Union negotiations at Northwest Airlines are in a critical phase this week, with a judge expected to rule Friday on whether the company can throw out contracts with pilots and flight attendants.
If bankruptcy judge Allan Gropper in New York lets Northwest out of its contracts, the nation's fourth-largest carrier would be free to impose new rules on pilots and flight attendants. Besides pay cuts, Northwest wants to start a subsidiary to handle small-jet flying and wants to hire more nonunion foreign nationals for many of its flights to Asia.
Both groups say they may strike if the carrier is released from its contracts. But the work stoppages won't happen right away. The pilot strike vote runs through Feb. 28, and flight attendants won't finish voting until March 6. The pilots' union has said talks are likely to continue beyond Friday's ruling.
Northwest, which filed for bankruptcy protection in September, has said a strike could kill it, which would put pilot pensions at risk.
The carrier also says a strike would be illegal. That's because airline-union relations are governed by the Railway Labor Act, which lays out a lengthy pre-strike procedure that hasn't been followed at Northwest.
Duane Woerth, president of the Air Line Pilots Association, scoffed at that idea, saying, "How can you be ordered to work when you don't have a contract?"
What would a judge say? No one knows for sure. Workers at other bankrupt airlines have threatened strikes, but ultimately made deals.
One of the closest calls happened in January 2005 when a judge ruled that US Airways could cancel its contract with the International Association of Machinists. The IAM, which threatened to strike, approved the company's original pay-cut offer about two weeks later.
Attorney Bob Siegel represented US Airways in that case. He said he argued that airline unions cannot strike right away if their contract is rejected, but he's never found out whether the courts agree.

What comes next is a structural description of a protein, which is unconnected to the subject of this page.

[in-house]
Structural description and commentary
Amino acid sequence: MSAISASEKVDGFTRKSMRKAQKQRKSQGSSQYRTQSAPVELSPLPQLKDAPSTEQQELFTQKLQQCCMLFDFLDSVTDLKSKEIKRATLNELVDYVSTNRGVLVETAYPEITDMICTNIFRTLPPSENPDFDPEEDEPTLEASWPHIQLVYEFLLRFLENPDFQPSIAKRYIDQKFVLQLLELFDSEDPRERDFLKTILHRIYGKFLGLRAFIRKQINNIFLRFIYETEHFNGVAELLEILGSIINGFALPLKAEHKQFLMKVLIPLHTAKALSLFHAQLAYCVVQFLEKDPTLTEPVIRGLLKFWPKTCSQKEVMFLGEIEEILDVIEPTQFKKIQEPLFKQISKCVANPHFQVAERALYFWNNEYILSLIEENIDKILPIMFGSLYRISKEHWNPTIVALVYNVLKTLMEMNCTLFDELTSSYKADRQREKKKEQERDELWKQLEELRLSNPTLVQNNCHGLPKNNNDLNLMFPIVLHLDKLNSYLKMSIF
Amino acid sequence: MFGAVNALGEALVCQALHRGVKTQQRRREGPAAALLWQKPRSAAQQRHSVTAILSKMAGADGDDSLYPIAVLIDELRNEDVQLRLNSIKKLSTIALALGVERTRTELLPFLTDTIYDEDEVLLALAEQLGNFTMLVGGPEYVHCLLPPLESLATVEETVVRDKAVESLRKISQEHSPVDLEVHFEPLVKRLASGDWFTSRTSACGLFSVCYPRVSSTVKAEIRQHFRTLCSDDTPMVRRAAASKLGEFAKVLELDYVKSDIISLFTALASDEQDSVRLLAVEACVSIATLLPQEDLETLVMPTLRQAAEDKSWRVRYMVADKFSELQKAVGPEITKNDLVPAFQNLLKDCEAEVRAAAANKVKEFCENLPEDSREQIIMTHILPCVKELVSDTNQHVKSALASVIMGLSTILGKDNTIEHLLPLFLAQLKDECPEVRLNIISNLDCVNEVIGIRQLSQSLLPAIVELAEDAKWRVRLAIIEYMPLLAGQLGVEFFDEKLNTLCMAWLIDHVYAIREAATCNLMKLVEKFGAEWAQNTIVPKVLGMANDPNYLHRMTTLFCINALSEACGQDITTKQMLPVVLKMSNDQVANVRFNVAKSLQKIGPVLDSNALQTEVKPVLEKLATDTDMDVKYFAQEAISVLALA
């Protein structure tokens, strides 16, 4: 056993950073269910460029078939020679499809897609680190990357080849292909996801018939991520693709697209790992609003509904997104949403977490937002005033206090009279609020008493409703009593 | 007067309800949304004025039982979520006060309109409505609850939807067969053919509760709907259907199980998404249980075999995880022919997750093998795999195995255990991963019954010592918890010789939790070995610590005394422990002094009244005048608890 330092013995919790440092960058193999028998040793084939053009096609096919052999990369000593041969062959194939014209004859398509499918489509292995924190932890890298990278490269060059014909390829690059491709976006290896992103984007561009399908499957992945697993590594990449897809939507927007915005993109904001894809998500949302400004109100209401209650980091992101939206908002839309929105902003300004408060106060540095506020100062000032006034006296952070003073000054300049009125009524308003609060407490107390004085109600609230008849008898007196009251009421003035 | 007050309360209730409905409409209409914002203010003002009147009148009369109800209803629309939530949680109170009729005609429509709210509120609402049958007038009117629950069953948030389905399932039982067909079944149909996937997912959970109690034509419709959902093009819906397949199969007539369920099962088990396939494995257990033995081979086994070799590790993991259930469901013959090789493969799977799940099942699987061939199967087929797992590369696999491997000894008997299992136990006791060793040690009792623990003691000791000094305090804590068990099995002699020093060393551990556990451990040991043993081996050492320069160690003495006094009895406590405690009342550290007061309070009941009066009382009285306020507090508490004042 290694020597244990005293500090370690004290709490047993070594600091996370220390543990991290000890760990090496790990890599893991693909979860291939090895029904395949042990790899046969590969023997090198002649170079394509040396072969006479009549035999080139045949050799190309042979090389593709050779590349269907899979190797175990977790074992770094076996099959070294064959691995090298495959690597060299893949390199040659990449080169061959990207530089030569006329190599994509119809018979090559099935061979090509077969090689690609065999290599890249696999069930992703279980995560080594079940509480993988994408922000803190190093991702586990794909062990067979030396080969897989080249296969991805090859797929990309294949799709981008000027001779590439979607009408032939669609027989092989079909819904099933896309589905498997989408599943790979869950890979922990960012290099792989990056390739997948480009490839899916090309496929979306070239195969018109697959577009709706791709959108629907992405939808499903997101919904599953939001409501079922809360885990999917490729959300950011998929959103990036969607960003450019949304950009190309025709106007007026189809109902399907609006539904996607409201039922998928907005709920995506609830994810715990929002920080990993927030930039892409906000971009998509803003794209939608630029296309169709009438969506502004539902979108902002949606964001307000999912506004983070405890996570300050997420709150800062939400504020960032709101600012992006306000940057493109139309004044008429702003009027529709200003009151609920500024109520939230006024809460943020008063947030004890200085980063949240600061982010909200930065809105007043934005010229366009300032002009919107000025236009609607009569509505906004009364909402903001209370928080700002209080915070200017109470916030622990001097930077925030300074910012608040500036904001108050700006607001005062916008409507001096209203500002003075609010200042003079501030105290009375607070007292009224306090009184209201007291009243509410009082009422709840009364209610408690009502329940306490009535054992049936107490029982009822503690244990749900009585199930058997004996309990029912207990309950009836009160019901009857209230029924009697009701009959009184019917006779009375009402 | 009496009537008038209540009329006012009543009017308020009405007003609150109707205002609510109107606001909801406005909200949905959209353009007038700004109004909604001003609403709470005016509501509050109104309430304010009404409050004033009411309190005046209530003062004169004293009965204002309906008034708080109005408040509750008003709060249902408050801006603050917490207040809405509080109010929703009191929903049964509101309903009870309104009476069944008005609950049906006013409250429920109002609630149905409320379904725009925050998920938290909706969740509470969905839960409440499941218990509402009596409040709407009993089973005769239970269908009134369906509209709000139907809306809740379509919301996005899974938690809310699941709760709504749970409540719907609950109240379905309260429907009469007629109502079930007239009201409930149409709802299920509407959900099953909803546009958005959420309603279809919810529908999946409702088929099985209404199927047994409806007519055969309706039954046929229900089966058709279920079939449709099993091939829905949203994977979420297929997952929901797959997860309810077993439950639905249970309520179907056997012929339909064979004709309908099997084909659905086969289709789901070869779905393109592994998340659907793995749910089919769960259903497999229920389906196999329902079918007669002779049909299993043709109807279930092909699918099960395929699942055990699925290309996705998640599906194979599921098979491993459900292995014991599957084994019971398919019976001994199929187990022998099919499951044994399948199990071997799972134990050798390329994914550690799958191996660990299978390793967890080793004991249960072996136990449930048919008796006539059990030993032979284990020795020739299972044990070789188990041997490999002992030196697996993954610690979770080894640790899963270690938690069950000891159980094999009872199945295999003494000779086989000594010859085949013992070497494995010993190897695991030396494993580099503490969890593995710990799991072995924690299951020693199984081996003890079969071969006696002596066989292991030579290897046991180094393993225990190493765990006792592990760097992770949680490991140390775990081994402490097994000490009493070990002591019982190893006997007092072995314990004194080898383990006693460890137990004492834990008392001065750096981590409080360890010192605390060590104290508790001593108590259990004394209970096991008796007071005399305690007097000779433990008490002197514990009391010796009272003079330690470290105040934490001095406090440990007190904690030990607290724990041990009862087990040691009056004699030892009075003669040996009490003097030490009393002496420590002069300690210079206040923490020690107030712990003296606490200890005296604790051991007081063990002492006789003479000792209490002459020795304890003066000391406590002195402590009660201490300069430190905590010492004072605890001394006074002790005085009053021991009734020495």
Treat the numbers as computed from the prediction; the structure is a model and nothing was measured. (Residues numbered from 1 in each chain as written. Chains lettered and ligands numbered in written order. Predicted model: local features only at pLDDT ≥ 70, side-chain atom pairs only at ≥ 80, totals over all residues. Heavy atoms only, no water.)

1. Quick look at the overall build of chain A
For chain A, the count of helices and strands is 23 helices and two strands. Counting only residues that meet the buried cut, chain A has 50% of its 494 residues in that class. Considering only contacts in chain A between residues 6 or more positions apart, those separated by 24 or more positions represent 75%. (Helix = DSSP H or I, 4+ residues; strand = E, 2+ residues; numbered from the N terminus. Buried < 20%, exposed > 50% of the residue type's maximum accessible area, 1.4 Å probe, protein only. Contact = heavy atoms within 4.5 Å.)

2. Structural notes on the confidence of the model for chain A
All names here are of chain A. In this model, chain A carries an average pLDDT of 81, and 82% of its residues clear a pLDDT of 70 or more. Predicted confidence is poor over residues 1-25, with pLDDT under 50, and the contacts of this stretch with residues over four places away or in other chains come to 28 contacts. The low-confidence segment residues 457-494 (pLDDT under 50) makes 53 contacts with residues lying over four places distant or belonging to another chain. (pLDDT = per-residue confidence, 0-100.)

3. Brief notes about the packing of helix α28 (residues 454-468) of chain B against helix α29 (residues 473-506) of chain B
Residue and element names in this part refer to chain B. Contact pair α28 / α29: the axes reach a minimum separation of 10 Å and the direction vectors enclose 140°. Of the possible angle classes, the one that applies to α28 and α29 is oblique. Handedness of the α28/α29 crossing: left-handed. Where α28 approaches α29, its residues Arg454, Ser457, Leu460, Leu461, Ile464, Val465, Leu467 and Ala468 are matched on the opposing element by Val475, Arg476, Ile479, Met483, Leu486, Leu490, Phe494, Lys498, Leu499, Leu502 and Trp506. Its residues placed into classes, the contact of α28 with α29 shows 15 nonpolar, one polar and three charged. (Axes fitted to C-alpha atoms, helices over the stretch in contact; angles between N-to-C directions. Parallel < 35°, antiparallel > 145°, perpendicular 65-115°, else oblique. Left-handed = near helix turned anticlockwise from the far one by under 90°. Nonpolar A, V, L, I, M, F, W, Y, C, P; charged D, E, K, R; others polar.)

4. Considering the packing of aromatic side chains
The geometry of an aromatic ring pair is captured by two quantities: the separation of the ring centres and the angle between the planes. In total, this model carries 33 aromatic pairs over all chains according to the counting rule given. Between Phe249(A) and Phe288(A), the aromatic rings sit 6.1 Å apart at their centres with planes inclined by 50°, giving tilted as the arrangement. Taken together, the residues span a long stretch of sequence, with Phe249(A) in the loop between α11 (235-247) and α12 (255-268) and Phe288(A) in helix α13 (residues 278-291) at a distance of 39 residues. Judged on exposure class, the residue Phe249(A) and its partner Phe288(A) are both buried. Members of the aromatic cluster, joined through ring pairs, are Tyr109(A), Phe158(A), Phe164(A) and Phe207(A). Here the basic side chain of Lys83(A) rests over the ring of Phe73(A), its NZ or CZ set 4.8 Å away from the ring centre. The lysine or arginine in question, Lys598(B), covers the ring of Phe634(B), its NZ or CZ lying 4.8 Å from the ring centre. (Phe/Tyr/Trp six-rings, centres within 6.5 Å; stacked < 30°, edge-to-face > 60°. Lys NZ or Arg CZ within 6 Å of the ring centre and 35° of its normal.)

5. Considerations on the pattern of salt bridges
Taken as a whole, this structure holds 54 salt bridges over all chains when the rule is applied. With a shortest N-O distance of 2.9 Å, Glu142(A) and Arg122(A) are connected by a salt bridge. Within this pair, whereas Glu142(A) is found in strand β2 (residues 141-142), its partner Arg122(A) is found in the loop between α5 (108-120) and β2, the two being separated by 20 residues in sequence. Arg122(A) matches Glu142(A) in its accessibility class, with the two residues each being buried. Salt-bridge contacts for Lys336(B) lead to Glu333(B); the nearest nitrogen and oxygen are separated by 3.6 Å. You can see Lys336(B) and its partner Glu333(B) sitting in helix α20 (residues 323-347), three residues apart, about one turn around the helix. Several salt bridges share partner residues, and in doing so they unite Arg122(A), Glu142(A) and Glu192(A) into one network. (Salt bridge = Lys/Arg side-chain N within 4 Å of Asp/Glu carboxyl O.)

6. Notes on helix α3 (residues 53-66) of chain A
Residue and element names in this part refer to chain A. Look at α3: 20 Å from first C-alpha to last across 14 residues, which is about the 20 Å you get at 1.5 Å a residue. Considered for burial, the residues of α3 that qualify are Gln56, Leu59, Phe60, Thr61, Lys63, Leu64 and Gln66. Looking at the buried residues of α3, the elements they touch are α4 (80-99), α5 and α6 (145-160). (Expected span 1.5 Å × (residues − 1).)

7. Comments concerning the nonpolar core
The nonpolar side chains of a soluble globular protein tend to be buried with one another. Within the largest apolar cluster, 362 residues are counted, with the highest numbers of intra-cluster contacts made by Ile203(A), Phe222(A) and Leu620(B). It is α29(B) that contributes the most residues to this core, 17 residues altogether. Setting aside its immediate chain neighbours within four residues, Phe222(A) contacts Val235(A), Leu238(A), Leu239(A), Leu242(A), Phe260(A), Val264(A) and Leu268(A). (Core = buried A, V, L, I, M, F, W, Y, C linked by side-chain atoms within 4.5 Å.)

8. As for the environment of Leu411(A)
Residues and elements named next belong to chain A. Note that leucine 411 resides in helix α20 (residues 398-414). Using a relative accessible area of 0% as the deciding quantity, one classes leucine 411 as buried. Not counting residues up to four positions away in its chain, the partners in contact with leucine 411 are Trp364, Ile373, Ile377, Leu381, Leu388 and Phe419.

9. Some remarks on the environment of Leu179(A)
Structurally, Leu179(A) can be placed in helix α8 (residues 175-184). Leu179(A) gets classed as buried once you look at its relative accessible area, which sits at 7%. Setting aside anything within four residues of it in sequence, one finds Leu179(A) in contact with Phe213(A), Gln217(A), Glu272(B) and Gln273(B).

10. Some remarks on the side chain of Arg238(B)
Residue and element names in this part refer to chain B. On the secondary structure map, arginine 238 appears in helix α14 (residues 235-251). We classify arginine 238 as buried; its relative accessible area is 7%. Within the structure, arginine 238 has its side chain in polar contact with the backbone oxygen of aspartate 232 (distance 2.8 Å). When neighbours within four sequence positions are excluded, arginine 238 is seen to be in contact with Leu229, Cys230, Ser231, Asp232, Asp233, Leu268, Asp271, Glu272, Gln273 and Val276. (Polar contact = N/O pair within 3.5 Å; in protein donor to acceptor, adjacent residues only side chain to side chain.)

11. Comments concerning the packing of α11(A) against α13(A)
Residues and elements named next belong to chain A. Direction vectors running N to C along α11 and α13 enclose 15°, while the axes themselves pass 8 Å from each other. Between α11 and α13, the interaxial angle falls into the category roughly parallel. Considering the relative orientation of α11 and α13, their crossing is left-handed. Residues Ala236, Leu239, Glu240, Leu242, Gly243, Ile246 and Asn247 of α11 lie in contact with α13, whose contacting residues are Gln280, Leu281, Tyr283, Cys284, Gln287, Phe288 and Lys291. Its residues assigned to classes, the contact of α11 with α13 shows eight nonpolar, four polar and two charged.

"I don't think the bankruptcy judges have been required to think this one through yet," he said.
Siegel said he believes that while the unions couldn't strike right away, they could still negotiate under the Railway Labor Act and strike once that process runs its course.
"Under my analysis, the union does have a right to strike - it's just a matter of timing."
Law professor Neil Bernstein said he believes the unions could strike right away. Bernstein, an expert on the Railway Labor Act who tracks airlines at Washington University in St. Louis, said, "I think it's fairly obvious. If their contract is abrogated, they have to have the right to strike."
Bernstein said the judge's main concern is helping the airline sort out its financial problems and survive - not how much the workers get paid.
"There's a strong inclination for these judges to give the company what it wants," otherwise it goes into Chapter 7 bankruptcy and the pieces are sold, he said.
Northwest declined to comment.
Mark McClain, the head of the Northwest unit of the pilot's union, said the airline hasn't told them whether it will impose its new pay scales and working conditions right away if the judge allows it to on Friday.
"They have held their cards extremely close to the vest," he said. "We've asked, believe me."
Talks have been running 12 to 14 hours a day, McClain said.
"Our goal remains a consensual agreement," he said.
Separately, Gropper approved renegotiated leases on one Boeing 747 and one 757. Also Northwest was allowed to enter a new financing agreement for 11 other planes - nine 757s and two 747s.
Northwest spokesman Kurt Ebenhoch declined to specify how much the carrier will save through the renegotiation of the leases and financing agreements.
Many carriers lease their planes, and those costly leases are often among the first contracts that carriers seek to renegotiate in bankruptcy.
Also, the judge approved a settlement between Northwest and Sabre Holdings Corp. Sabre manages a computer reservation system. Its dispute with Northwest over fees paid by the airline for tickets purchased on the Sabre system was resolved in January.
Associated Press Writer Aleksandrs Rozens in New York contributed to this report.
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